Lead Lives Firefighters Died To Save, Widow Urges Host Scott Simon talks with Joanne Barbara, the widow of New York Fire Department Assistant Chief Gerard A. Barbara, who died on Sept. 11, 2001, as he led the rescue effort from the lobby of the south tower of the World Trade Center.

Lead Lives Firefighters Died To Save, Widow Urges

Lead Lives Firefighters Died To Save, Widow Urges

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Host Scott Simon talks with Joanne Barbara, the widow of New York Fire Department Assistant Chief Gerard A. Barbara, who died on Sept. 11, 2001, as he led the rescue effort from the lobby of the south tower of the World Trade Center.

SCOTT SIMON, host: A few days after September 11, 2001, my wife and I walked past St. Patrick's Cathedral and saw scores of stout blue shoulders with patches that said FDNY. We'd stepped into the funeral for a New York City firefighter. We didn't know the man and started to leave, then we reminded ourselves he had died risking his life for us so we stayed to pay our respects to the man and those who loved him.

He was Gerard Barbara, as assistant chief who was 53, a solid smiling man with a dashing moustache. Chief Barbara was also an artist. He took smashed glass from fire scenes and made beautiful stained glass windows for the firehouses where he served. The mayor of New York turned to Gerry Barbara's wife, Joanne, and his son and daughter and said as bluntly as a commandment, you have a name that is part of the history of this city and now I would like everyone to stand and show how grateful they are to your father.

We applauded until our hands hurt and then kept applauding. As we approach this 10th anniversary of September 11th, we're joined by Joanne Barbara from Staten Island, New York. Joanne, thanks for being back with us.

JOANNE BARBARA: Hi, good morning.

SIMON: What are these anniversaries like for you?

BARBARA: All summer long, while you enjoy the summer, while you enjoy, you know, family gatherings and being with your family and friends, you know when the weather starts to change that that's the anniversary. And you don't want the anniversary to come. You don't want it to come. And you know it's going to happen and then you just preparing your life, your daily routines that you'll do before the anniversary or after the anniversary.

You know, I can't do it until after the anniversary. And a big parcel of your life is on hold during the anniversary. You're actually on hold. You're suspended. You're just waiting. You're waiting. You're waiting for September 12th, 'cause then maybe you could have a sigh, you know, a little relief.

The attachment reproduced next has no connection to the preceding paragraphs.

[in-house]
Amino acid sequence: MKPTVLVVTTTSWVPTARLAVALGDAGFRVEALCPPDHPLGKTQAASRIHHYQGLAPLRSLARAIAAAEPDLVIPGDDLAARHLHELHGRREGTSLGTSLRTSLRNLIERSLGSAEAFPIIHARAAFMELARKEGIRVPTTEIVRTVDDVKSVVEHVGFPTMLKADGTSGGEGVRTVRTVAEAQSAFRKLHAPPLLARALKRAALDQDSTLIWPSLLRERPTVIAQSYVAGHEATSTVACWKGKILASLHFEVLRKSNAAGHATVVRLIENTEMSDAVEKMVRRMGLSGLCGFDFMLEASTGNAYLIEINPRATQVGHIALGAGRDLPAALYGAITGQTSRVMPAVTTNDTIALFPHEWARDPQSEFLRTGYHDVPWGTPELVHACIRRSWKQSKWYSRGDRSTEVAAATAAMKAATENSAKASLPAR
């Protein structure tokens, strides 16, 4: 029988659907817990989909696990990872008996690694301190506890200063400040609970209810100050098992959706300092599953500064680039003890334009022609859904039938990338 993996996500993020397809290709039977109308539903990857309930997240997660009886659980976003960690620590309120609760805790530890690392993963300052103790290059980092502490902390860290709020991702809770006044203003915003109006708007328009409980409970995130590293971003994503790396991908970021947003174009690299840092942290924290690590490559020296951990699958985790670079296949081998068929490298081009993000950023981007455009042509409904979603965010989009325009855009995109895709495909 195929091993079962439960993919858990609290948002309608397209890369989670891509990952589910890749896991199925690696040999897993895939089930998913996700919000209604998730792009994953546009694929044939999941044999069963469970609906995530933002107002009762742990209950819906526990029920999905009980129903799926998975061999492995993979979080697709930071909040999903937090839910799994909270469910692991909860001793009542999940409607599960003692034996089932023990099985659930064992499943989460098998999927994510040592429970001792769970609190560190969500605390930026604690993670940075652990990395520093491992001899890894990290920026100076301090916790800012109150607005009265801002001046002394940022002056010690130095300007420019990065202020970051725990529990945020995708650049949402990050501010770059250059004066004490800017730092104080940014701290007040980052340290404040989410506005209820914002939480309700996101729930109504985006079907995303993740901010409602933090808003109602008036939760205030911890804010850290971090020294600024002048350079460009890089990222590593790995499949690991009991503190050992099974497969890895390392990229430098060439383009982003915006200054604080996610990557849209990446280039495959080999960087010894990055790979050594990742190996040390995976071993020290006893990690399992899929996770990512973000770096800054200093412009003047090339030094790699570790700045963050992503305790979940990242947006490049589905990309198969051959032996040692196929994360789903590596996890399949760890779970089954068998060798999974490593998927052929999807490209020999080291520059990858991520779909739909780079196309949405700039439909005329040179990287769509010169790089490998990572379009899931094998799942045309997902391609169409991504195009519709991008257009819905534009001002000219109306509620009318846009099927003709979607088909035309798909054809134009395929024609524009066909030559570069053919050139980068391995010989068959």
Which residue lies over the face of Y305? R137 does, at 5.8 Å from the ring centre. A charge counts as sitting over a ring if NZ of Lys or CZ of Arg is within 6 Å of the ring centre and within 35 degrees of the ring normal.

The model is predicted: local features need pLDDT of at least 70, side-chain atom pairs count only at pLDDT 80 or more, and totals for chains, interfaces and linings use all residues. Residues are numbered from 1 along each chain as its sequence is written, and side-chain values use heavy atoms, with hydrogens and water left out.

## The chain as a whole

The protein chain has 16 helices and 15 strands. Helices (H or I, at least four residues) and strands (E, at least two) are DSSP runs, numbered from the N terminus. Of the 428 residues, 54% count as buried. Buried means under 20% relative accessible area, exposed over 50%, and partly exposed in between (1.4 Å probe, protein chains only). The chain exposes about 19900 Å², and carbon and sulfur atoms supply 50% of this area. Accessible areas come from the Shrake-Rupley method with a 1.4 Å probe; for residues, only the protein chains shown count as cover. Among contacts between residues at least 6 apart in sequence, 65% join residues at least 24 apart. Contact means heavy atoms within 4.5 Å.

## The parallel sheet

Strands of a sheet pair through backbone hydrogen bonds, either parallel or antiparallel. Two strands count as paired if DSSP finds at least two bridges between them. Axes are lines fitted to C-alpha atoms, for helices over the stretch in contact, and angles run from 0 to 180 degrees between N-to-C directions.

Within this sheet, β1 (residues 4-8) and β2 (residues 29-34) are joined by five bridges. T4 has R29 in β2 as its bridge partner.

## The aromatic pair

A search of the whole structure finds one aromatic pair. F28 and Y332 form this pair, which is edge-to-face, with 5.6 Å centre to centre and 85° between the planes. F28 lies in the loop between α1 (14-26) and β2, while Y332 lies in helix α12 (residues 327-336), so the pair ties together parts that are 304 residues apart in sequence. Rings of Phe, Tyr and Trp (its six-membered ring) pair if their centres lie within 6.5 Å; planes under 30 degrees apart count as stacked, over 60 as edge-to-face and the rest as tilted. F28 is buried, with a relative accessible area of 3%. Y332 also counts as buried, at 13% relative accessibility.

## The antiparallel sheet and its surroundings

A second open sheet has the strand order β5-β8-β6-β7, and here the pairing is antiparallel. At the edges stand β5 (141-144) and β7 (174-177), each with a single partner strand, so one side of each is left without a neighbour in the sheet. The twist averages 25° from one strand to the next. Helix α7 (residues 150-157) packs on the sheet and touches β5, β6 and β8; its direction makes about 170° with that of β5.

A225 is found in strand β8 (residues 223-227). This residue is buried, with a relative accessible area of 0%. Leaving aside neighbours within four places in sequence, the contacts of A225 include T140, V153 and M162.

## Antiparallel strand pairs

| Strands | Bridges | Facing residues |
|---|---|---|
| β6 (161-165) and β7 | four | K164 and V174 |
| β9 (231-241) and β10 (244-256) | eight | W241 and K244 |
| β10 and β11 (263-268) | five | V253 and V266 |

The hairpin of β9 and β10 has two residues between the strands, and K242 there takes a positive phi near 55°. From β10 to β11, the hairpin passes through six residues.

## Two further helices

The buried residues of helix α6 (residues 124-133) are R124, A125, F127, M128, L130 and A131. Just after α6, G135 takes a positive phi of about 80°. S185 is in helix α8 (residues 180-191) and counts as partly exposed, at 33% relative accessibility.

SIMON: Remember you told me a story once about someone who'd seen Gerry in an elevator trying to reach the missing floors.


SIMON: Could you share that story with us?

BARBARA: Yeah. The day of the - the impact of the first plane, the chiefs were in headquarters, city-wide tour commanders, chief of the department, chief of operations, deputies, they were all in headquarters and they all, along with their aides, were getting down to the garage of headquarters in Metro Tech to go to the building. And they wear their dress blues. That's what they wear. They don't wear their turnout gear. And the story was told to me that when the elevator door closed, you saw the reflection in the chrome.

And someone said to my husband - and I'm sure the language was salty. All right. I'm sure the language was salty. But what I was told was, you know, why are you fixing your tie? What the heck you fixing your tie for? You know. And he just wryly smiled and said, you always got to look good for the public. Yeah. And the gentleman that I'm speaking of that related this story to me said, and then the doors opened, Joanne, and we were in the garage and everybody went to their own car.

And, you know, I do have tidbits of conversations with some firefighters that were there. And sometimes they're afraid to tell you because they think that it's going to upset you, but it's not. It's not upsetting. You want to hear everything that happened that day.

SIMON: Now, Joanne, I will never forget when Mayor Giuliani turned to your family. I wrote it down. He said, we must lift up our eyes and resume life. The least we can do is lead the lives Gerry and his men died to save. Have you been able to do that?

BARBARA: As best as I can. As best as I can. I have difficult days, but I have days where I laugh. I have days where I'm happy. When you are married for - Gerry and I were married for 30 years. You had a plan, you know. You were - you had a plan. You had your children. You raised your kids. You put them through college. You wanted them to become productive adults and then you had time for yourself. And Gerry and I were very fortunate because we had a lot of time for ourselves.

We did. We really enjoyed our lives. We traveled. We went out. It was a time for us. I don't really have a plan anymore. Plan was taken away. I'm doing great. I think I'm doing good. I'm not doing so good this month, though. I have to tell you. But on a whole, I think I'm OK.

SIMON: Joanne Barbara in Staten Island. She was married to Assistant Chief Gerry Barbara of the New York Fire Department who died on September 11, 2001, leading a rescue party into the burning towers. Joanne, thank you so much.

BARBARA: Thank you for giving me the opportunity to talk about my husband.

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